Quite out of the picture
Of all the combinations that the Centre has ever strung together to bail out Prasar Bharti, the latest seems the least workable. It involves bringing into force a ‘licence fee’ — read one-time tax — of Rs 500 on each colour TV set, Rs 200 for every black-and- white one and a tax on any new TV set. Also on the anvil is a 10 per cent licence fee on TV and radio manufacturers. And channels will have to pay 5 per cent of their gross revenue to fund the public broadcaster. The money raised will be, apparently, used to pay the salaries of Prasar Bharti employees. The Group of Ministers entrusted with this task was to meet on Wednesday to discuss the future status of Prasar Bharti and its employees. Only, the meeting was, predictably, deferred as it has been thrice before. The 38,000-odd employees have been in a state of limbo, neither government nor autonomous as consecutive CEOs of the broadcaster have failed to cobble together rules and regulations even for the administration of its personnel.
Sadly, for all the lofty ideals with which Prasar Bharti was launched as an autonomous public broadcaster, it has been a journey dotted with mistakes and lack of leadership. So it seems fair to ask, what is Prasar Bharti? As a public broadcaster, what has been its contribution? The proposed levies and taxes seem to have been designed on the lines of an education cess — for the greater common good. Only, the Sarva Shiksha Abhiyan manages to show some results, unlike Prasar Bharti’s schemes. Its repeated attempts to hijack feed, which has been paid for by private players, hasn’t helped improve its credibility. When accused of poor programming and corrupt practices, Prasar Bharti has lobbed the ball into the government’s court claiming it has little autonomy. The ball gets passed right back by the government, citing Prasar Bharti’s ‘autonomous’ nature.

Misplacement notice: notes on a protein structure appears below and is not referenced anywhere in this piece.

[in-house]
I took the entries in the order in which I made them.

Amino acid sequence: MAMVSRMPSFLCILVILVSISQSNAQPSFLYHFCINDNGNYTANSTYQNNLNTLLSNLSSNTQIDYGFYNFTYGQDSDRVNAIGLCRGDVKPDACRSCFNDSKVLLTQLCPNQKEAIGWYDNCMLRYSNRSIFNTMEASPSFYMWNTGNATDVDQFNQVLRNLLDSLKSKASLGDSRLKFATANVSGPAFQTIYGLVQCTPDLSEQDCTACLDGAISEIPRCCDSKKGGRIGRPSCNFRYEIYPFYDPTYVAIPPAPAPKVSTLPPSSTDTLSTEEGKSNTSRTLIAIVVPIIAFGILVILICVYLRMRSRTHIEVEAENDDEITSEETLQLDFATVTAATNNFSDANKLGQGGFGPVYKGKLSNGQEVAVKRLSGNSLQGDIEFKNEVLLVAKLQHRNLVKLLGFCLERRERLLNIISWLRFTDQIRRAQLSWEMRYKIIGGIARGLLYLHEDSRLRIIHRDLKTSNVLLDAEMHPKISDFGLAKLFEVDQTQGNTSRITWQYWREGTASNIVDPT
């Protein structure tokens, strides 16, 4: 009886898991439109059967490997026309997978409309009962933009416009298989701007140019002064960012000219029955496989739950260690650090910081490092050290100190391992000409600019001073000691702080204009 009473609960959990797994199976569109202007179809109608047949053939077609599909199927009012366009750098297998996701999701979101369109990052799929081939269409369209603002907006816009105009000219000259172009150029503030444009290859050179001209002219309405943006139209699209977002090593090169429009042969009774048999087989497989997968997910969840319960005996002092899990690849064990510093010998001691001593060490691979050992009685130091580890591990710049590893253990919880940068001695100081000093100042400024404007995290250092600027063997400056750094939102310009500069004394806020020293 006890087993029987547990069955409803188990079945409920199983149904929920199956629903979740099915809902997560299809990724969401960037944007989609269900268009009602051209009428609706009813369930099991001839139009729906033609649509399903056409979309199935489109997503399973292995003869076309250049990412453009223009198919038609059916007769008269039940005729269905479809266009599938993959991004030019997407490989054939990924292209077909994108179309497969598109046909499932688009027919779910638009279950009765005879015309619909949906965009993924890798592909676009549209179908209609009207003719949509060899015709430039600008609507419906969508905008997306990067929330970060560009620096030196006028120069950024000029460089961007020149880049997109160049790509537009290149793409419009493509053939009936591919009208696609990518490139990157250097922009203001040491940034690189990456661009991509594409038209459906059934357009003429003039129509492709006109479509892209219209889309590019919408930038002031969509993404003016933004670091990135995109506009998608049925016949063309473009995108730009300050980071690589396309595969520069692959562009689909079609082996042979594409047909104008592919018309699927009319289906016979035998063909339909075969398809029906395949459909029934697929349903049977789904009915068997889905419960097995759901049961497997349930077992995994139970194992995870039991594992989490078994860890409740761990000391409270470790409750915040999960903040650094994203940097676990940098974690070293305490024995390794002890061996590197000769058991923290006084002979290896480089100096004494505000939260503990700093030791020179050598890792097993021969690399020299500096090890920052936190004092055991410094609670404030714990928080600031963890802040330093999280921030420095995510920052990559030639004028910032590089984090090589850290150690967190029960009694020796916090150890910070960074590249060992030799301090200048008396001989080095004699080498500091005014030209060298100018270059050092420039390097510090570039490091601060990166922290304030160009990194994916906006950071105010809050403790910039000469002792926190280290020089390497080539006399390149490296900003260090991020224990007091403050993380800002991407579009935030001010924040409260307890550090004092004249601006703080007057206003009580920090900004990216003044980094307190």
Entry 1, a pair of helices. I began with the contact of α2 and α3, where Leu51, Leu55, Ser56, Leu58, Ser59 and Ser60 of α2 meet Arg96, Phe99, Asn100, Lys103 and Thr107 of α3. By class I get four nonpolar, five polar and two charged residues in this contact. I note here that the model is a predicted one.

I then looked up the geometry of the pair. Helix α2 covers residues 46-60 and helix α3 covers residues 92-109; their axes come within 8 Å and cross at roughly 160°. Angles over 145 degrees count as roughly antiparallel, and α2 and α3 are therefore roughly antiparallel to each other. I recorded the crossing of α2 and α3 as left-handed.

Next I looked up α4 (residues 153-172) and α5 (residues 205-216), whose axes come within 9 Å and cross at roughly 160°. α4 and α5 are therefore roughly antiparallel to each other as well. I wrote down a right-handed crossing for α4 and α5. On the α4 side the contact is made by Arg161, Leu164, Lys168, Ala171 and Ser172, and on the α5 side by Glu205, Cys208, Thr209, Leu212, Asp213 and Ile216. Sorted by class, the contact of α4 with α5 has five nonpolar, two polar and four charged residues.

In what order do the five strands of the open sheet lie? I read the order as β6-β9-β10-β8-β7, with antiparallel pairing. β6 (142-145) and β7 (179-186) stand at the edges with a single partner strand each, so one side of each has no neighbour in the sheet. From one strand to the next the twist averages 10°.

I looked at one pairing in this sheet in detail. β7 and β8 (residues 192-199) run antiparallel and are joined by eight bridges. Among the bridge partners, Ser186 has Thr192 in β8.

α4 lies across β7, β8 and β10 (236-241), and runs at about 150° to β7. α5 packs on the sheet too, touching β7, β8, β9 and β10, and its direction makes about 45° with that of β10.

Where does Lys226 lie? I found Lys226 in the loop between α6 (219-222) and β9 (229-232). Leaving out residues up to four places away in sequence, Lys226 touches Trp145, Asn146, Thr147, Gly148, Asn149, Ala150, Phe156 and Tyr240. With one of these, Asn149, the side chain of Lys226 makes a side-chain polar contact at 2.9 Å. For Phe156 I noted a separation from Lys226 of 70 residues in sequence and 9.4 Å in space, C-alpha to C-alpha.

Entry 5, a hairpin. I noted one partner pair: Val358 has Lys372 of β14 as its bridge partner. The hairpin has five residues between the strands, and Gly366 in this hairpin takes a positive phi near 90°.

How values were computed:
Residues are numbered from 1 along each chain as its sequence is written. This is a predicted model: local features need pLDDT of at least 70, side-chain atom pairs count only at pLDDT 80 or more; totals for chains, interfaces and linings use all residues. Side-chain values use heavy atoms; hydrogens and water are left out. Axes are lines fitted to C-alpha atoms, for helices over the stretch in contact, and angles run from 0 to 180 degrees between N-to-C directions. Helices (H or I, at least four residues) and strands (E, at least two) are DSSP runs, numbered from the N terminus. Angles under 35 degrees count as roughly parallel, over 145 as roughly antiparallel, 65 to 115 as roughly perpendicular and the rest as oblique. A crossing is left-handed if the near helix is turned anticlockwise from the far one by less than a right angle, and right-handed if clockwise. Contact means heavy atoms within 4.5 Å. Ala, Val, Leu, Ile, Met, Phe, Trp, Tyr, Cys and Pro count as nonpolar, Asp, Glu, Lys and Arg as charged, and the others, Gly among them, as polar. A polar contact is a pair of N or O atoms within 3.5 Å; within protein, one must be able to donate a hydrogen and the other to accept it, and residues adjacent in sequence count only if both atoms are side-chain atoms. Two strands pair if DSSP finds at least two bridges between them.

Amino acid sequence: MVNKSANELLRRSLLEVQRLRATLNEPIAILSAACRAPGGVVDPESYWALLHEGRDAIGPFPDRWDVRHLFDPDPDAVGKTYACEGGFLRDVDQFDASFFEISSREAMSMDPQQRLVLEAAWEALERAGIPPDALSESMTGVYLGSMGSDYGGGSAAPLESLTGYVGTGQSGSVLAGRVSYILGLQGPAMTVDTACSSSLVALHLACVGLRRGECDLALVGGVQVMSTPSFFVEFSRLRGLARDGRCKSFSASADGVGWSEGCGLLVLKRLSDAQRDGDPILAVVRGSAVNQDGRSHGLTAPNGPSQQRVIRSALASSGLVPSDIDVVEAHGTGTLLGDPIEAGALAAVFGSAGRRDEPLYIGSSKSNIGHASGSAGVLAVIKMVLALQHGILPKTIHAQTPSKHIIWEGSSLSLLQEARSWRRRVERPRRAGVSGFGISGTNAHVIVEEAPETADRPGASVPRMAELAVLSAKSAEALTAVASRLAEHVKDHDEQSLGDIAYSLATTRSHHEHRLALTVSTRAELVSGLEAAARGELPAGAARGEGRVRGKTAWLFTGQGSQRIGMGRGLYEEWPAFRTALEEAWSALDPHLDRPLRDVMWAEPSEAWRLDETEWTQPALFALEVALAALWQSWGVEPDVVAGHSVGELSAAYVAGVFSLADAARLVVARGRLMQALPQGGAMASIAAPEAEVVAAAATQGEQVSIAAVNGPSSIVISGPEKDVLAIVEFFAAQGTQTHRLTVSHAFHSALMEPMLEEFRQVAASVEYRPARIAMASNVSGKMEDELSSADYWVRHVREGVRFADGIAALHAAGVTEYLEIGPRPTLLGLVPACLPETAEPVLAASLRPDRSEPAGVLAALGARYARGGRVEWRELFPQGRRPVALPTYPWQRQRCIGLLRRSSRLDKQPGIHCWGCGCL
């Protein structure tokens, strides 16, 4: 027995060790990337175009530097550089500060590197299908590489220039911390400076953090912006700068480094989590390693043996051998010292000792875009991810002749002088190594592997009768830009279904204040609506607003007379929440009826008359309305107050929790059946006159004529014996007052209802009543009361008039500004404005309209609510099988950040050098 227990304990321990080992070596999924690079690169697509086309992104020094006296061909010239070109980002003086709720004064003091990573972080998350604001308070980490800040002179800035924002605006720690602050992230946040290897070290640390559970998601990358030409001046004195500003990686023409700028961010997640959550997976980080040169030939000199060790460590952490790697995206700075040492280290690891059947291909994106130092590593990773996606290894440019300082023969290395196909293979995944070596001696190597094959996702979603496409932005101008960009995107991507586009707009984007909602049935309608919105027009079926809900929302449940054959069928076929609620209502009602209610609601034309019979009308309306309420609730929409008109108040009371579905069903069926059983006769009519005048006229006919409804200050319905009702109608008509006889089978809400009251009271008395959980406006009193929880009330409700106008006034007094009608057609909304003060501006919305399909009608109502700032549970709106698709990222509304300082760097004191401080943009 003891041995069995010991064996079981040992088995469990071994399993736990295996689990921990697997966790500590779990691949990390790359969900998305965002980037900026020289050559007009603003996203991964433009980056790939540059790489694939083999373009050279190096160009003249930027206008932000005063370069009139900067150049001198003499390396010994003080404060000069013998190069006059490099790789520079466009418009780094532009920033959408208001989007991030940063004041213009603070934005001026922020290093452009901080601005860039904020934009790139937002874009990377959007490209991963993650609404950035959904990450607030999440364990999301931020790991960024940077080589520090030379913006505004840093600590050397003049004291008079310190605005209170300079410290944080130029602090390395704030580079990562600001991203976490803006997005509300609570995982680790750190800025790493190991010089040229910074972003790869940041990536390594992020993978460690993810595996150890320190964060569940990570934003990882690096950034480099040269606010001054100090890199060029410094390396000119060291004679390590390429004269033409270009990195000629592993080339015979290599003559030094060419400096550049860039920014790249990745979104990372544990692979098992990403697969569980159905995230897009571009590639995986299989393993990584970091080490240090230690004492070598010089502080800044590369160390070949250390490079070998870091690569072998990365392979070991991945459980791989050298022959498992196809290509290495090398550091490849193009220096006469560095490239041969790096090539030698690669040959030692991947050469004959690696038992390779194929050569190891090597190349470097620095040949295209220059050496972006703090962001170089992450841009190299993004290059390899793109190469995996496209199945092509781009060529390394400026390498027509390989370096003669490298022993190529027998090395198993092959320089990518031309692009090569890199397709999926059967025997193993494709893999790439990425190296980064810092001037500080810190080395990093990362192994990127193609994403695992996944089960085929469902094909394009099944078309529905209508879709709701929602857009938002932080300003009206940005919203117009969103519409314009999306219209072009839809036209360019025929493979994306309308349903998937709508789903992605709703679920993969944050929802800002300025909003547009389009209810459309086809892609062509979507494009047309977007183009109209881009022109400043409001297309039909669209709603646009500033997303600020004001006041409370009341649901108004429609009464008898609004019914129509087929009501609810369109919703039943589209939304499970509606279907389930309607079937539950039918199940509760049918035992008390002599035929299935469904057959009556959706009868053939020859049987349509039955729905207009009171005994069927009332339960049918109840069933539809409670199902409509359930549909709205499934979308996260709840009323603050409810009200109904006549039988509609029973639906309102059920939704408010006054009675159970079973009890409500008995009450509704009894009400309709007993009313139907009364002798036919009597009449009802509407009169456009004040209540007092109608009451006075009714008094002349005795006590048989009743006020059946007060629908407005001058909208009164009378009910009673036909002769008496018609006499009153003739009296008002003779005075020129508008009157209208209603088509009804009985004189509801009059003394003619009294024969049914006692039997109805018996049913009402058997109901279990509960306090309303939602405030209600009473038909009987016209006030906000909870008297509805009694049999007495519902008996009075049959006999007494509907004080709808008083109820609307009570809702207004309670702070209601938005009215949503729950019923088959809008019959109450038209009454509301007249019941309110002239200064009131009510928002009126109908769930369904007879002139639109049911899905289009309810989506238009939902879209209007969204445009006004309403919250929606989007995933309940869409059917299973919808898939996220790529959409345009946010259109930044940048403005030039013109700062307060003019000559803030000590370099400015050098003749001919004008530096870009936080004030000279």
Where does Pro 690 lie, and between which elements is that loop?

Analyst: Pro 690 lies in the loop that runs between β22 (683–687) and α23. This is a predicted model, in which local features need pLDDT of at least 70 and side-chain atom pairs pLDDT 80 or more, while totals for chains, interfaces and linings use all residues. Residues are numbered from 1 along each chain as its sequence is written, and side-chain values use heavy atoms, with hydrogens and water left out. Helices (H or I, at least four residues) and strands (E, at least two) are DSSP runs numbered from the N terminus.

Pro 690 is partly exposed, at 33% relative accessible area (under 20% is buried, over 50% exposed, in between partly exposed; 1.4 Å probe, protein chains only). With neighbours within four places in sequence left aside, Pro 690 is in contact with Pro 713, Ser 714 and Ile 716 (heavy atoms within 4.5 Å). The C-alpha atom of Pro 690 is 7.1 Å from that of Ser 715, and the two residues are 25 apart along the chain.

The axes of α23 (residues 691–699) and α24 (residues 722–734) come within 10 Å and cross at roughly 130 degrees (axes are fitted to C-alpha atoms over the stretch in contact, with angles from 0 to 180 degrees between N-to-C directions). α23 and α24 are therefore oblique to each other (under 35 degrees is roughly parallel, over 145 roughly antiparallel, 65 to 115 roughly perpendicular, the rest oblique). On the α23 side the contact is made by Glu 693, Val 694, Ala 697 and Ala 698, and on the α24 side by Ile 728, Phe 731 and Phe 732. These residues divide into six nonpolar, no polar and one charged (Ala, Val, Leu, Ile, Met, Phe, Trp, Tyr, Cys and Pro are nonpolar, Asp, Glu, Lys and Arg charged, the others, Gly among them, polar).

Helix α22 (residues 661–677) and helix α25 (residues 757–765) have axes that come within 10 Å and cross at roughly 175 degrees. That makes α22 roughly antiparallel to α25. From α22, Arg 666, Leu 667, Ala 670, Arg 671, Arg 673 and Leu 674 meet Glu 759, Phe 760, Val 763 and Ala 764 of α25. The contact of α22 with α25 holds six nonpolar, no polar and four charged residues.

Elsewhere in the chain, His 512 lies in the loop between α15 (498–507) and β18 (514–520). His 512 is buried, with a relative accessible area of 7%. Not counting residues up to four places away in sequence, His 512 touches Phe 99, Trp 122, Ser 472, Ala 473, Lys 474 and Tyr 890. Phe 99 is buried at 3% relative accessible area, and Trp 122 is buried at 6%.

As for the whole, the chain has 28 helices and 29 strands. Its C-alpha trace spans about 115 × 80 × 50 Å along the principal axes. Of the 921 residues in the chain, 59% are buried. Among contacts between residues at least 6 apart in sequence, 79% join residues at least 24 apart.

The Supreme Court has ruled that the government must decide on the broadcaster’s future by early August. This slew of measures is probably intended to prolong its existence. But what is really worrying is that we seem to be going back to the 1950s, when television’s entry into India was stalled on grounds that it was a luxury that only affluent nations could afford. No public broadcaster can hope to function in this muddled manner in this day and age of competition.